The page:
“I started as a film editor,” Myers said. “I was working for the co-founder and co-inventor of IMAX, Graeme Ferguson … and he asked if I’d edit the first all-IMAX film. And I did.”
Soon, Myers and Ferguson hooked up with Neihouse, who graduated from film school at the Brooks Institute of Photography in Southern California, where he minored in underwater photography.
“Along came Toni and Graeme with this big camera and said, ‘We wanna make this movie,'” Neihouse said. “I taught Graeme how to dive and not kill himself, so they took me along for comic relief and to keep him alive when he went into the water, so that’s how I got into IMAX.”
Now, decades after staring down at Earth in “Blue Planet,” it was time for an update.
“It was time to go back 20 years later and see the state of the Earth,” Myers said.
Not only do we see the magnificent aerial shots, there are some important themes at play. For instance, Myers draws an analogy between the Earth and the International Space Station.
“With the space station, you have to truck everything up — water, recycled things, air and food — but it gets periodic resupply ships. Earth doesn’t get any resupply ships,” Myers said. “Both are closed-loop systems that require life support. I wanted particularly young people to get that analogy.”
Helping to bring in the younger crowd is J-Law, a fan favorite from “The Hunger Games” (2012-2015), “Silver Linings Playbook” (2012) and “American Hustle” (2013). She’s the latest celebrity narrator for Myers after Tom Cruise, Kate Winslet, Johnny Depp, Jim Carrey and Leonardo DiCaprio.
“They’re not huge stars for nothing. They’re very, very focused and hardworking,” Myers said. “It was wonderful to work with (Lawrence). I knew that I wanted a female voice for the movie. … She has a wonderful, spontaneous sense of humor. She’s very, very down-to-earth. Pun intended.”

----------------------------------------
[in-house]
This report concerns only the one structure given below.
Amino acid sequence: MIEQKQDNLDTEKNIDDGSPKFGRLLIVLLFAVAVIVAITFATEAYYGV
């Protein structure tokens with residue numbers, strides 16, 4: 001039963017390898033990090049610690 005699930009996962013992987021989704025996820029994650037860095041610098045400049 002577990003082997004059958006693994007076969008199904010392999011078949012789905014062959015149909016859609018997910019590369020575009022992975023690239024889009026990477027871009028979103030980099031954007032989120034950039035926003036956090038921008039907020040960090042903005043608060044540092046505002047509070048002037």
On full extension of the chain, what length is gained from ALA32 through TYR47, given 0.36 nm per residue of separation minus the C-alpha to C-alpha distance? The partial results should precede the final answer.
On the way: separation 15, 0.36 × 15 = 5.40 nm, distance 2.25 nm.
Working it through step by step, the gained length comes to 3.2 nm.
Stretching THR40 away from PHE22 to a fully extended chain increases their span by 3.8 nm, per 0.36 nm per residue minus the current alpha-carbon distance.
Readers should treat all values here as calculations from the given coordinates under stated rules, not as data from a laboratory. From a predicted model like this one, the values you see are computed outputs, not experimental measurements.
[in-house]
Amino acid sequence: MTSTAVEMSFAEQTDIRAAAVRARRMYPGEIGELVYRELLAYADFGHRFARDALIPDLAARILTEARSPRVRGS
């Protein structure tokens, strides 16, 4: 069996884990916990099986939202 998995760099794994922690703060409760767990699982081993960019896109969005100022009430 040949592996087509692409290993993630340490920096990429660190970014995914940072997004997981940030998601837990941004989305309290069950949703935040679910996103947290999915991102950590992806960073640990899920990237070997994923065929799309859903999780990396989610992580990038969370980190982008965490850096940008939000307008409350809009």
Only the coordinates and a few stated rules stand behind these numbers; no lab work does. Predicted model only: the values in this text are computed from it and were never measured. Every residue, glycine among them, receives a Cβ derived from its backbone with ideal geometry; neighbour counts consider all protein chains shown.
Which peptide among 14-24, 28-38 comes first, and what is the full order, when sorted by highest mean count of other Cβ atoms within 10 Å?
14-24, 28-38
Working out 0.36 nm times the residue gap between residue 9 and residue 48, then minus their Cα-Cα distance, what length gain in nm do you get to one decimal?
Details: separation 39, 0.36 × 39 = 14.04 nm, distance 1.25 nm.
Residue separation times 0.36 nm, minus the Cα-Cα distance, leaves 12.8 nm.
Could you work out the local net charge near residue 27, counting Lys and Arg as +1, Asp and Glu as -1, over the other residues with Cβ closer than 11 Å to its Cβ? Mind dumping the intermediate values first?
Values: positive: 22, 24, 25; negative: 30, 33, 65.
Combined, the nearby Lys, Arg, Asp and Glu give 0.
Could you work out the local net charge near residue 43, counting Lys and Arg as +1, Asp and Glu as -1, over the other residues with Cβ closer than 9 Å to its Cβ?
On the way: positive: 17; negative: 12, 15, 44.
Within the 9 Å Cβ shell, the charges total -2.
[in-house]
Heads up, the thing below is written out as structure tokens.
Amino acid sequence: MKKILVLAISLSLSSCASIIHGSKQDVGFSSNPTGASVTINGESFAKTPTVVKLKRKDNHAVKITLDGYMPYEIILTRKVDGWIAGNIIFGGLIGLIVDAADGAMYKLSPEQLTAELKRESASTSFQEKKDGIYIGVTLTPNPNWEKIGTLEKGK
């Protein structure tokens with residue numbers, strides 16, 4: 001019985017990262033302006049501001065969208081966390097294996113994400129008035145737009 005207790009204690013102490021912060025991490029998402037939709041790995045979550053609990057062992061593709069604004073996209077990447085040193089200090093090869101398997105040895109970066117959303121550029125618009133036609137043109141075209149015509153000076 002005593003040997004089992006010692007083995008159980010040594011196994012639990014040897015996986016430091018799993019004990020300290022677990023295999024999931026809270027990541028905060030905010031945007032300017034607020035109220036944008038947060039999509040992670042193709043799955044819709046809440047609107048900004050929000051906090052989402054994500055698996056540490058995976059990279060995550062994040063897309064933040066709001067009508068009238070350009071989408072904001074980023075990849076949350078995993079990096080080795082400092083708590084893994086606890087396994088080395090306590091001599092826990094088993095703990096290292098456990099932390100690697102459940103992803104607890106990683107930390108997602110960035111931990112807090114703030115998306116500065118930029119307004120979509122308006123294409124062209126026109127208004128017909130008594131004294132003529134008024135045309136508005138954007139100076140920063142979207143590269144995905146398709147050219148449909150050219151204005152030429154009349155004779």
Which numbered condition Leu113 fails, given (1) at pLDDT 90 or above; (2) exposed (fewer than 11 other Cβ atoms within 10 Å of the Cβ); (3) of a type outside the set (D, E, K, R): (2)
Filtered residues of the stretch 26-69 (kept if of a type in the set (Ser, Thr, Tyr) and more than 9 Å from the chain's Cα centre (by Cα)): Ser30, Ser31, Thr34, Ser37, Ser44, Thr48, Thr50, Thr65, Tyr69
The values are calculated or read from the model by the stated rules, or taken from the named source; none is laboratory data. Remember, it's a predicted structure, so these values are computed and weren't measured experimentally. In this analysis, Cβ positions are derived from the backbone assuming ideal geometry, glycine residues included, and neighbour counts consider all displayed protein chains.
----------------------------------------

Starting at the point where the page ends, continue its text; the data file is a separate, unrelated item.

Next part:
According to Lawrence, the feeling was mutual.
“Toni’s wonderful. She can tell stories about science and discovery in a way that no one else can. She’s also very clear and it’s been really great working with her,” Lawrence said in a behind-the-scenes interview.
“I’ve never narrated a film before. I’ve done voice-over work, but always as a character. So I thought it was very freeing and the setting is very intimate. It was just me and the director.”
You could say the relationship between IMAX and Hollywood has come full circle.
“Initially it was a film medium that very quickly had an application for theme parks and had a kind of thrill component to it because you’re right in the big, beautiful, crystal-clear picture,” Myers said.
“It was mainly museums, planetariums and theme parks to start, but the original inventors always wanted and fantasized into expanding into Hollywood films and dramas.”
Eventually, the Canadian company sold IMAX to investment bankers who took the company public. Now, there are over 1,000 movie theaters showing 46 different Hollywood IMAX films per year.
“It’s expanded exponentially,” Myers said. “Most of the growth recently has been in China.”
As the technology expands globally, it’s a reminder that we’re all part of the same “Beautiful Planet.”
“[It] kind of puts you in your place for our place in the cosmos,” Neihouse said. “You realize this is a really unique place and we’re not gonna go anywhere too quickly, so you gotta take care of it.”
As for the filmmakers themselves, the work has forever affected them personally.
“I dream in zero gravity,” Myers admitted. “I’ve had multiple dreams of flying through places.”
“Mine always involve launch failures,” Neihouse joked.
Click here for more information. Listen to the full interview with Toni Myers & James Neihouse below: